We are a nation of pet lovers and dogs and cats are by far the most popular of pets. During the Covid pandemic people who were having to think twice about the responsibility of a puppy or kitten have decided to take the plunge as they are working from home and feel they have the time to dedicate to a new family member. During this isolating time, people are turning to pets to help relieve stress and anxiety, as well as a way to stay active, a walk is so much more pleasurable with a dog than alone and if you are motivated to run or jog there are many breeds of dog that will happily join you.
People now feel they have the time and effort to put into training a dog, However this sudden need for companionship in a mad lone;y world has meant that the price of puppies has more than doubled during lockdown with dogs costing almost £1,900 on average.Prices for puppies have skyrocketed during lockdown, with some now more than four times higher than usual. Popular breeds have seen even sharper price increases, and puppies are often selling for £3,000 or more, according to a leading online marketplace.
Certain breeds have become hugely popular and demand has outstripped supply leading to its own set of concerns for animal charities.
These welfare charities such as the dogs trust RSPCA and Blue Cross have warned high prices could encourage “puppy farming”, smuggling or dog theft.
Unscrupulous unlicensed breeders have seen an opportunity for cashing in on the surging demand for popular puppies at this time, without any concern for health or welfare.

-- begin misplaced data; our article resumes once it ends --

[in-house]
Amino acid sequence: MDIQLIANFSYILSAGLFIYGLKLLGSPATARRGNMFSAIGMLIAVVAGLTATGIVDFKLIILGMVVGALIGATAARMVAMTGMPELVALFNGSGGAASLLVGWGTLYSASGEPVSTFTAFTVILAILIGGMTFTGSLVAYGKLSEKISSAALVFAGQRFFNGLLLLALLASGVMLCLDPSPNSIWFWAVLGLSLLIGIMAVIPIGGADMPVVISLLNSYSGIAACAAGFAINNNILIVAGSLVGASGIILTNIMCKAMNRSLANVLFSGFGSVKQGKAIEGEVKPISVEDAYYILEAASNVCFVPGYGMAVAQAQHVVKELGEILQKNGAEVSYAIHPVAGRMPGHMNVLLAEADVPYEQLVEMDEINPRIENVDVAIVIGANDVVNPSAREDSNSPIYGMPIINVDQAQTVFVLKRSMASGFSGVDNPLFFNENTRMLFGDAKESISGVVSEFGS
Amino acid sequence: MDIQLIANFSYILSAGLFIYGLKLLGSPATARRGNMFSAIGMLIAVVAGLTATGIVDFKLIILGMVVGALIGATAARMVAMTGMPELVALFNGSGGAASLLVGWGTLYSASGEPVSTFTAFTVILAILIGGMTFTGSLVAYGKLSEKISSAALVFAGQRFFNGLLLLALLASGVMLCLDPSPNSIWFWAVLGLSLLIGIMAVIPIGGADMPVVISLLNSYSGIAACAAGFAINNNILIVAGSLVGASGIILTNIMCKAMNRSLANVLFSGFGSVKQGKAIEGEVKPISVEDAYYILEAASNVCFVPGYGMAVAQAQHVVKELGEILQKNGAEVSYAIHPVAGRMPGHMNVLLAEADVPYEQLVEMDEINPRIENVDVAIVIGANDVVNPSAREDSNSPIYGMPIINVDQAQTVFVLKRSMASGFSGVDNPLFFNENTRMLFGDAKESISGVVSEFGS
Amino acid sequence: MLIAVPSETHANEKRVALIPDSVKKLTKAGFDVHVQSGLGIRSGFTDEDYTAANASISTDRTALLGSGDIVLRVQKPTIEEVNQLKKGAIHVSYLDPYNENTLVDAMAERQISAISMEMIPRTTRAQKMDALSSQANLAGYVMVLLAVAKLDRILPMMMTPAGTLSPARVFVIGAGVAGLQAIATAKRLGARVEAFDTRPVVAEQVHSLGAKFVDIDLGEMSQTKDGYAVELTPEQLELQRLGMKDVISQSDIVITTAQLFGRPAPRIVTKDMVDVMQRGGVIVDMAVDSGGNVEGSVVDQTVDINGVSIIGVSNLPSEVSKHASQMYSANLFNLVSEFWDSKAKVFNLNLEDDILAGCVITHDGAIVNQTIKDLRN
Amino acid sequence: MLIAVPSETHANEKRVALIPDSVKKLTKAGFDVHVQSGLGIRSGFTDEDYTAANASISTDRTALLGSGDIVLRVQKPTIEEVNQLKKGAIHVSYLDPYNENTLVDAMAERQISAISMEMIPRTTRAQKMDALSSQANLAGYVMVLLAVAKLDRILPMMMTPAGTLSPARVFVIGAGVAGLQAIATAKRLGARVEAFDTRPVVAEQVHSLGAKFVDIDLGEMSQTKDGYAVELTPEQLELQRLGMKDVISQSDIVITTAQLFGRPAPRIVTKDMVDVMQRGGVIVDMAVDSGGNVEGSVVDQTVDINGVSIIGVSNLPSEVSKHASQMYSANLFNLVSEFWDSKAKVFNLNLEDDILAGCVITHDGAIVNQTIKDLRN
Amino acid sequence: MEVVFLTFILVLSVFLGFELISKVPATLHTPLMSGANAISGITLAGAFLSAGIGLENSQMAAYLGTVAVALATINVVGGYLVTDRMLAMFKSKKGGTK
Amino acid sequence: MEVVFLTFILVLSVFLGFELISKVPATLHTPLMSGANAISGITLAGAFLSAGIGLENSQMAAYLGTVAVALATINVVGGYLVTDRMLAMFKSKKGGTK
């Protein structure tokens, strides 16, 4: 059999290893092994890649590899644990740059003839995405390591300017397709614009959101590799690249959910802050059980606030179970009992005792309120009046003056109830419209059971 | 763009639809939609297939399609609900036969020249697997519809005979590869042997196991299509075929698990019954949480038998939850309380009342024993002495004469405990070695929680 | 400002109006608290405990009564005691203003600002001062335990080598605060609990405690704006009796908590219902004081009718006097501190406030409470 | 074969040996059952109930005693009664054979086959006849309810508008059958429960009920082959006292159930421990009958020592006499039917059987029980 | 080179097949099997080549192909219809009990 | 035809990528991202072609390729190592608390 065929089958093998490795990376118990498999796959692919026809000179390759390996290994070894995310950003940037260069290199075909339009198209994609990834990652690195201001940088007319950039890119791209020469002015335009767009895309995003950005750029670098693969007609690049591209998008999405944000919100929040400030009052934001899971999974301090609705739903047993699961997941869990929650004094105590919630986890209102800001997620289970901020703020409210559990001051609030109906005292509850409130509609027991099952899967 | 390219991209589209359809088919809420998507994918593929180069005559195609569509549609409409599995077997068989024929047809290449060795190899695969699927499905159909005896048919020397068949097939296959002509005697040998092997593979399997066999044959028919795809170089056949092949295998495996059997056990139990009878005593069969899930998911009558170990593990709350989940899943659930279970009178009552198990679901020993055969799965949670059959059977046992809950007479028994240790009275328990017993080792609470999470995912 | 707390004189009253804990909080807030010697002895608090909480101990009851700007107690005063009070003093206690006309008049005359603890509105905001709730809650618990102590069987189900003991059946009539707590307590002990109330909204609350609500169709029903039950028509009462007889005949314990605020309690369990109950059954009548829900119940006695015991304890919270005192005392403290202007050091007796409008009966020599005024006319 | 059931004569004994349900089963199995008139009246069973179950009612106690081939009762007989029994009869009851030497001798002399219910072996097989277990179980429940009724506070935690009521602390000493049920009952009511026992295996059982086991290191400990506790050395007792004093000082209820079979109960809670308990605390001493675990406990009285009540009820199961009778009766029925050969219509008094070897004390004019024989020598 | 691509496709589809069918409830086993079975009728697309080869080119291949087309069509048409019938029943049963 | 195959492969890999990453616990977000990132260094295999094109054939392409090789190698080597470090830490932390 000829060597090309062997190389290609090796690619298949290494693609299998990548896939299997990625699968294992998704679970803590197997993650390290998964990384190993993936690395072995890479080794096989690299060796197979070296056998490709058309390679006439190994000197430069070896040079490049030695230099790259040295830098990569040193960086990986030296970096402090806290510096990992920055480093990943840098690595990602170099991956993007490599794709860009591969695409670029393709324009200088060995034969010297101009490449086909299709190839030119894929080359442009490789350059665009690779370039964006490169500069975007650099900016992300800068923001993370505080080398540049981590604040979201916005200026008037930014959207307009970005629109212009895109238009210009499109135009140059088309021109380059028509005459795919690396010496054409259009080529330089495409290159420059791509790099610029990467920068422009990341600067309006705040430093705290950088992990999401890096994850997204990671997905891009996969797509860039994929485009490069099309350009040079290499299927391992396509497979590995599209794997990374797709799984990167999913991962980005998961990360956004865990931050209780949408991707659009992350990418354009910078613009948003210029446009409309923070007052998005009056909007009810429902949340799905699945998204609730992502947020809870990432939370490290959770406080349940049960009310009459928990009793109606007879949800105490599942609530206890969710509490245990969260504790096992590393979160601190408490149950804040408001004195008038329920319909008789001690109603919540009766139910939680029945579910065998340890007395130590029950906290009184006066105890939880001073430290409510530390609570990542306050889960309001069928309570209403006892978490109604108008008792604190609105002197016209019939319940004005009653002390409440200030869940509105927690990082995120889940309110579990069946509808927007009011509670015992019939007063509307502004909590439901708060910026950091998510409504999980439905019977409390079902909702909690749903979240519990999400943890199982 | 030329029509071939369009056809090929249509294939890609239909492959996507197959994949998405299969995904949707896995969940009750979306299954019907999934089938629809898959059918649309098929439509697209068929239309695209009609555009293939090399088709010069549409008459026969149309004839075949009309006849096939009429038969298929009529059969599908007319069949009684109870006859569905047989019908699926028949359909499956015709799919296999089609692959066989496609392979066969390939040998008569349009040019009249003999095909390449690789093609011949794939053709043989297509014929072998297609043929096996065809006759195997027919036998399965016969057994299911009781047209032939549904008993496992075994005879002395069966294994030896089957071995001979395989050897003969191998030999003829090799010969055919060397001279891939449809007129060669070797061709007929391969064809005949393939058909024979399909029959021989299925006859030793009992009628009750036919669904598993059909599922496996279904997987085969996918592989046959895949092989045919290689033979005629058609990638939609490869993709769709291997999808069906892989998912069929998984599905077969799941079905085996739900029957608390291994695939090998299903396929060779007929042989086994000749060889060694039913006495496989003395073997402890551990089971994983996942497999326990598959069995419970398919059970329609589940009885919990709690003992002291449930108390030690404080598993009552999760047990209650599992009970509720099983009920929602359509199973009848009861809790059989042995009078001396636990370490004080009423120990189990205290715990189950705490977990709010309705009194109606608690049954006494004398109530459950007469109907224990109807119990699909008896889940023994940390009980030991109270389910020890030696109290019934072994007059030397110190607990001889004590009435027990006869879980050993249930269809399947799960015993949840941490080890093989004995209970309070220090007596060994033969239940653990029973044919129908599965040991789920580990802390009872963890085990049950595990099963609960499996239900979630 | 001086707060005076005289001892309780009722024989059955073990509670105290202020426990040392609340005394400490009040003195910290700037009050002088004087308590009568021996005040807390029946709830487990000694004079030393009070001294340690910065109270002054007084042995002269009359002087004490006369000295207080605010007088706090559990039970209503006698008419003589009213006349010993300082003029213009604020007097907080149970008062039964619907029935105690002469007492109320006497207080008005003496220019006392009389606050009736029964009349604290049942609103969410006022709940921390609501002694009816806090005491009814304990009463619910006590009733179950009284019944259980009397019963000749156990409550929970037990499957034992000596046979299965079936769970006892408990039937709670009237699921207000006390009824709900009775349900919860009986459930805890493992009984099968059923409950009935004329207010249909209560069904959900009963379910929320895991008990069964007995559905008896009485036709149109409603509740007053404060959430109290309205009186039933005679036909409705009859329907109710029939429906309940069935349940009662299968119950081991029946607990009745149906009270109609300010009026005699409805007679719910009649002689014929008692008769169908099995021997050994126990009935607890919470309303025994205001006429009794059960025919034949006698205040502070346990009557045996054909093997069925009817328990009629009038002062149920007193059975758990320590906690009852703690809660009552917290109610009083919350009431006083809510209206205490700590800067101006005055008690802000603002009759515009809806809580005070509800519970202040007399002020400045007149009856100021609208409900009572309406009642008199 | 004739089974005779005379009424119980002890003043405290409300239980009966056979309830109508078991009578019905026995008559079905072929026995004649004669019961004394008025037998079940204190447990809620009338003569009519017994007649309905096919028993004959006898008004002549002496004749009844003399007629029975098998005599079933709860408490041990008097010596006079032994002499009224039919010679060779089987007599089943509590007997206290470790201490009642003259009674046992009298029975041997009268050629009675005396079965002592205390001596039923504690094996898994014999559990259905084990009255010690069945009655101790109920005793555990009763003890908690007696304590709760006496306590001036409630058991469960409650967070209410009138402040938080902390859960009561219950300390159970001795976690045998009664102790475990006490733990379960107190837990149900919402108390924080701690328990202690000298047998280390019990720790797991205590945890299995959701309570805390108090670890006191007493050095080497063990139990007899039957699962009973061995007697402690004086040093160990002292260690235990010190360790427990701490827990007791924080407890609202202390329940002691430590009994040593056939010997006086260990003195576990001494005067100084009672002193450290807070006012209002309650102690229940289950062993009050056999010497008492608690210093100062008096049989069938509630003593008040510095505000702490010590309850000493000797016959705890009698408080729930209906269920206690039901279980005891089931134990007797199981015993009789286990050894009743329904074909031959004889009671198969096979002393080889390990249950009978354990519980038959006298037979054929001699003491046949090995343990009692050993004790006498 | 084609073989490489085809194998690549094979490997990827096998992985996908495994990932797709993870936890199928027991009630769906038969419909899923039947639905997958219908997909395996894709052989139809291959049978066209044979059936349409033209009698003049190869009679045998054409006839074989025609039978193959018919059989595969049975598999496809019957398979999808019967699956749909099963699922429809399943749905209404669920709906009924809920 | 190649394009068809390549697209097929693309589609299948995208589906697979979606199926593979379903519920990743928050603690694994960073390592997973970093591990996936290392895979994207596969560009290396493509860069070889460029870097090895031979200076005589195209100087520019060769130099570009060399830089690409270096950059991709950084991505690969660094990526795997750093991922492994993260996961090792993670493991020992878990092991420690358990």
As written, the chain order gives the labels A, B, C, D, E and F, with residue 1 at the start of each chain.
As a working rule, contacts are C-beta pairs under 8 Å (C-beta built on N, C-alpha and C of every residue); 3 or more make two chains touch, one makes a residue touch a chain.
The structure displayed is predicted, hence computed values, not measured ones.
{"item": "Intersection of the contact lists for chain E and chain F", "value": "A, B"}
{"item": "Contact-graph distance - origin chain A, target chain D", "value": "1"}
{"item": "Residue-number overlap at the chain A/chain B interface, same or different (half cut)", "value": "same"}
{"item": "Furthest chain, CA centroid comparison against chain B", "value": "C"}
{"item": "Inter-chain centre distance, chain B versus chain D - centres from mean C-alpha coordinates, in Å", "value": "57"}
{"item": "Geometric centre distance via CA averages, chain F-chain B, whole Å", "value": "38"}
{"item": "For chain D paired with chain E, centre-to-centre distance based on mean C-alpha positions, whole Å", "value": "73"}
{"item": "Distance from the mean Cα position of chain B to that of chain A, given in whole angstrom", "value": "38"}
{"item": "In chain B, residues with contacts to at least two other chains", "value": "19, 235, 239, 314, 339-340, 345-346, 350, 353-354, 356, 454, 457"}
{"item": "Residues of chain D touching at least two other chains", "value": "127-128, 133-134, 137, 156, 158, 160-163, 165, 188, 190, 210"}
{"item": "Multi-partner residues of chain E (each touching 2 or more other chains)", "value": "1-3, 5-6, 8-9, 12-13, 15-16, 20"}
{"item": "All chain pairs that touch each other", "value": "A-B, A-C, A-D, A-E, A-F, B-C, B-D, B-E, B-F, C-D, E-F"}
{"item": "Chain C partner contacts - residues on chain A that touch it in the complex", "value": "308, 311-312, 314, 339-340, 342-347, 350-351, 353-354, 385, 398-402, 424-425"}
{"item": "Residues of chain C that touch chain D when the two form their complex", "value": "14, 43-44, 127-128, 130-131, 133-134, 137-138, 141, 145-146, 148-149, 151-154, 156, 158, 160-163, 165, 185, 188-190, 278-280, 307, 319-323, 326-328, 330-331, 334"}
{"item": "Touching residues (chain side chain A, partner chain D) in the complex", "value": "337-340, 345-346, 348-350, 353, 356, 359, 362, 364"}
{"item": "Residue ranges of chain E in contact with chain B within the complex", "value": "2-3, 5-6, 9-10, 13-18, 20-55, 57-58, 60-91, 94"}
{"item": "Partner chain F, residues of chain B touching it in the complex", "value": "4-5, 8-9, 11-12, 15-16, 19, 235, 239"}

While there are many responsible breeders who care hugely for their animals, unfortunately with this huge demand now taking place there are plenty who are just looking to tug on the heartstrings and exploit the situation, it’s creating a lucrative market for cruel puppy smugglers.high prices will encourage the illegal importation of puppies or heavily pregnant dogs from smuggling hotspots in eastern or central Europe.
These poor animals are smuggled into the country in the most horrendous conditions and arrive weak, terribly ill and have suffered significant trauma in the process creating more problems for a potential owner with a mentally scarred puppy. Unfortunately this trade is a booming concern at the moment and the deterrents need to be reviewed with tougher penalties for smuggling pups to deter this dreadful practise. Only a handful of cases have ever been prosecuted and you can get a longer sentence for smuggling cigarettes than you can for smuggling puppies.
There are genuine fears that we are heading for an animal welfare crisis as people return to work away from the home in the future.. With the RSPCA issuing a warning that they fear huge abandonments when people get back to work or realise they can no longer afford to keep or make time for their new pet.It may be that the economic situation means that some people may find they can’t afford to look after a dog any more when the future so uncertain.
Behaviours of the dogs may mean they are no longer a pleasure to have in the home as these puppies will have grown up with people at home all the time when that comes to an end and dogs become bored or anxious because they’re used to people being there and disruptive and bad behaviour will likely begin.
The Dogs Trust is concerned there will be up to 40,000 dogs abandoned in the coming months as a result of people buying puppies during the COVID-19 pandemic.
The costa involved in a pet have risen dramatically too with insurance going up significantly and even more than doubling in many cases due to the basic cost of buying and vets having to hike their prices to meet government demands and regulations
Owning a pet is a huge responsibility and a long term commitment. Whether prices will fall again as the country begins to return to ‘ normal’ remains to be seen.